Policy-making in the European Union

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Helen S. Wallace, William Wallace
Oxford University Press, 2000 - 610 pages
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This new edition of the established standard text on policy-making in the European Union has been extensively updated and rewritten to take into account all the most important recent developments in EU affairs. The new edition is even more comprehensive than its predecessor. It now includes 15 case studies of European Union policy-making in a range of different fields. In addition, there are updated introductory chapters on EU institutions and policy processes, and a new chapter explaining the various theoretical approaches to the making of policy in the EU.

Major recent developments examined include the move to a single European currency, the expansion of common activities in justice and home affairs, recent initiatives to strengthen common foreign and security policy, negotiations on eastern enlargement, and efforts to reform the Common Agricultural Policy. Core policy fields covered include budgetary policy, trade, competition, and the Single Market. Case studies of environmental policy, social policy, and north-south relations illustrate the range and diversity of EU policy-making. Two entirely new case studies examine the common fisheries policy and the struggle to develop a common approach to biotechnology. The expert contributors come from six EU member states and from the US.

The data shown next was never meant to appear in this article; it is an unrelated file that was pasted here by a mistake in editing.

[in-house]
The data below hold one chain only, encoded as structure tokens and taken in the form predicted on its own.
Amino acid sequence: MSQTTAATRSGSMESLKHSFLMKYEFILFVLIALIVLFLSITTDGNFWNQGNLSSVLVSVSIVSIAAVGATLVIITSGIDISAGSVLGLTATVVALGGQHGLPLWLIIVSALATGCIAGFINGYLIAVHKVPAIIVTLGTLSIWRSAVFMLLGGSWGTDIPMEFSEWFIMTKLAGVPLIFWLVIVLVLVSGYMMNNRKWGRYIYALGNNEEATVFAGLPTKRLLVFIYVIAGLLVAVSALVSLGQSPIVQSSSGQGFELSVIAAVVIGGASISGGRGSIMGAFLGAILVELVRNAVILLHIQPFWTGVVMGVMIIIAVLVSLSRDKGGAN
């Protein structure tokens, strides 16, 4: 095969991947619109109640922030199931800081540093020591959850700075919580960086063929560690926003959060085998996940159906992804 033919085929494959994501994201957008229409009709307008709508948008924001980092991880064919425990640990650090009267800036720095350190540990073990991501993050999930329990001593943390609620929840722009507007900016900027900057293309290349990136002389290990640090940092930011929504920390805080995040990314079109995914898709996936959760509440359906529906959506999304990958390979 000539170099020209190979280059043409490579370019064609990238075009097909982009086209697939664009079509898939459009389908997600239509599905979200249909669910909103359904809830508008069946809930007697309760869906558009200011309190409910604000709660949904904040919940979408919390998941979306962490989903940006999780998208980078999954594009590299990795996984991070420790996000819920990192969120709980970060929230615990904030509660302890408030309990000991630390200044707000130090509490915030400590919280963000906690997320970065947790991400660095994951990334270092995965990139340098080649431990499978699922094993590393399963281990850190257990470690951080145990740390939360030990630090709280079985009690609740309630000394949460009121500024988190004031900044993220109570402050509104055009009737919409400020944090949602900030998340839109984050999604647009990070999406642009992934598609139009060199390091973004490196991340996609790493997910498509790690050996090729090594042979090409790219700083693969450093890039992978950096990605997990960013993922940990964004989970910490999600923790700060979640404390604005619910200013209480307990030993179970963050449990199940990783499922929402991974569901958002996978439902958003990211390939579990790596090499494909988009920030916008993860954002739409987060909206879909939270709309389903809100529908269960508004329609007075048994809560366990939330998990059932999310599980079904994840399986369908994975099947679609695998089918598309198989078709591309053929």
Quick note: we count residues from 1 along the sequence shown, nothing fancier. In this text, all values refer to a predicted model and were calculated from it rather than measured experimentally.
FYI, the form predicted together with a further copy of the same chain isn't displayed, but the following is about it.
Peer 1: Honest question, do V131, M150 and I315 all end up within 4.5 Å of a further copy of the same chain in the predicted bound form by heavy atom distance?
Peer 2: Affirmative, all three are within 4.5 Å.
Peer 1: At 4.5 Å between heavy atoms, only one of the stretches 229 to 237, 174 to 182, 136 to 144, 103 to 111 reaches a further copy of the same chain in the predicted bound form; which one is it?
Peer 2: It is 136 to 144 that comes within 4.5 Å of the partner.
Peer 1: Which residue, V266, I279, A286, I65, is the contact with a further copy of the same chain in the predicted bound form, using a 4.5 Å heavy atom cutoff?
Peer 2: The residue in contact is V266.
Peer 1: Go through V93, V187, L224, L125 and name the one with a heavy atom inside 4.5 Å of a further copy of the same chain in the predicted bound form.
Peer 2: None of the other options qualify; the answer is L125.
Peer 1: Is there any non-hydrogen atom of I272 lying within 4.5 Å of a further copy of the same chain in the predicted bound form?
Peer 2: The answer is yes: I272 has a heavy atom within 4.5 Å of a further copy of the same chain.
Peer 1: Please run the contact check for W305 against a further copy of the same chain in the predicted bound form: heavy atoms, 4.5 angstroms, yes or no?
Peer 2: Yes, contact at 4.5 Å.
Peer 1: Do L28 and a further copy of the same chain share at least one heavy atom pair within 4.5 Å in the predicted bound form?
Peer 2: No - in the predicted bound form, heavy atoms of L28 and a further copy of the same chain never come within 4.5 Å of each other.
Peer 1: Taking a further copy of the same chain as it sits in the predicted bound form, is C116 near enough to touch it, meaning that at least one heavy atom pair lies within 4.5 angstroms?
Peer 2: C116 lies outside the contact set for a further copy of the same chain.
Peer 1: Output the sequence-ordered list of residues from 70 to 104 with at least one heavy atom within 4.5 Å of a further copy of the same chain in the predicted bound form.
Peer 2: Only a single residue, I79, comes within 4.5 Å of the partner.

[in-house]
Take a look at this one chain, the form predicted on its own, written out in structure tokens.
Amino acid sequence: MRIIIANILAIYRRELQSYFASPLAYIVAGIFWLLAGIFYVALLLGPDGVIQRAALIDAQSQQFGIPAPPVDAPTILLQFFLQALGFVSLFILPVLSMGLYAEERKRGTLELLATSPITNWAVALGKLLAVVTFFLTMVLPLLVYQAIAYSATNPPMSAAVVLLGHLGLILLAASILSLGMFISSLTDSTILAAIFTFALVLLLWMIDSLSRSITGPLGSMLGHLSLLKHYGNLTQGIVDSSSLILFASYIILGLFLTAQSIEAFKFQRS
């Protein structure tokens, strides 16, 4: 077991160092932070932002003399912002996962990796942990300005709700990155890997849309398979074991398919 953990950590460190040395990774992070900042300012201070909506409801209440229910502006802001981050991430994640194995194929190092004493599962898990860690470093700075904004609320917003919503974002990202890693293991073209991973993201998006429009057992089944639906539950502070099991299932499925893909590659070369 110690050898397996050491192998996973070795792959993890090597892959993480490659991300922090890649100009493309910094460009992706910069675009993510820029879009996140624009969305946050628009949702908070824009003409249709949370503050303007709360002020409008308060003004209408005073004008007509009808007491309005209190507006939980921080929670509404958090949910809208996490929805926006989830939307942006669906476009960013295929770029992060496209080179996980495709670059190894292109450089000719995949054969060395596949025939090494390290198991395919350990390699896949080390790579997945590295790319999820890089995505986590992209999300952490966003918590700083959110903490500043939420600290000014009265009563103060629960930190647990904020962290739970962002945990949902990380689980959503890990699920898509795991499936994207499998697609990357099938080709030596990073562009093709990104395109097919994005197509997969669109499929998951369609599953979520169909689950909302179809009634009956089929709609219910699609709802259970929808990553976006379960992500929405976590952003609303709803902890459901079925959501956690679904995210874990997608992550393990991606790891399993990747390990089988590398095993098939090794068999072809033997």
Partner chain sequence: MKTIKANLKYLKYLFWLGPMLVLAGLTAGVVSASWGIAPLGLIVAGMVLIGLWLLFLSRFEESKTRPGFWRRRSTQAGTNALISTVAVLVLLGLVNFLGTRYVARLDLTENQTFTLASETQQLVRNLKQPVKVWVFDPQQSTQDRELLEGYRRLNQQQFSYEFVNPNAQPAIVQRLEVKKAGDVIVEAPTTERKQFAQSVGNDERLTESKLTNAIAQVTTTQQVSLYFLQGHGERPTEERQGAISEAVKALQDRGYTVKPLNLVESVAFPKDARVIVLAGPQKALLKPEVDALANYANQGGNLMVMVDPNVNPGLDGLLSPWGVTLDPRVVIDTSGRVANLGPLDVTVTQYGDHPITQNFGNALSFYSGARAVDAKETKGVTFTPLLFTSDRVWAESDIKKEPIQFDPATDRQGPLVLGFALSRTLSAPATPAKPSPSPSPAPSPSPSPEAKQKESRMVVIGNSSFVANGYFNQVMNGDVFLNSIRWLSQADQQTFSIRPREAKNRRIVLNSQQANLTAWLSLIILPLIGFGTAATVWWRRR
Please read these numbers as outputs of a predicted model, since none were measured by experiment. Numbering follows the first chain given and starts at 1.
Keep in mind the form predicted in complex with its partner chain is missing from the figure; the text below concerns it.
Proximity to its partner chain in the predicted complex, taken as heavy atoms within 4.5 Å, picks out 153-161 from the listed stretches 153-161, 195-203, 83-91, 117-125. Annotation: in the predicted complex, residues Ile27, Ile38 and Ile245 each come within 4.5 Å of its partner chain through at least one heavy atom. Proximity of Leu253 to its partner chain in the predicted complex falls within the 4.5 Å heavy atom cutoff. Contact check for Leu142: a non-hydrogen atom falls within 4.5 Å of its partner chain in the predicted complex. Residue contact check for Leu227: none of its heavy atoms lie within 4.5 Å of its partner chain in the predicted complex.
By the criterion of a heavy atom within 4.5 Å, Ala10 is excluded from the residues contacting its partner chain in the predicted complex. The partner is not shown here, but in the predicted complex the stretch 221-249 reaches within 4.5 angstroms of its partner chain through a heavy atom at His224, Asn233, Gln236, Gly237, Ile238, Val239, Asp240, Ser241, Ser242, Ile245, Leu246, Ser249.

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À propos de l'auteur (2000)

Helen Wallace was Lecturer in European Studies at the University of Manchester. From 1978-86 she was responsible for European and International Training at the Civil Service College in London and later Head of the European Programme at the Royal Institute of International Affairs in 1986. Since 1992 she has been Professor of European Studies and Director of the European Institute at the University of Sussex. William Wallace was Deputy Director of the Royal Institute of International Affairs and a Fellow of St Antony's College, Oxford, before becoming Professor of International Studies at the Central European University in Budapest. He is now Professor of International Relations at the London School of Economics.

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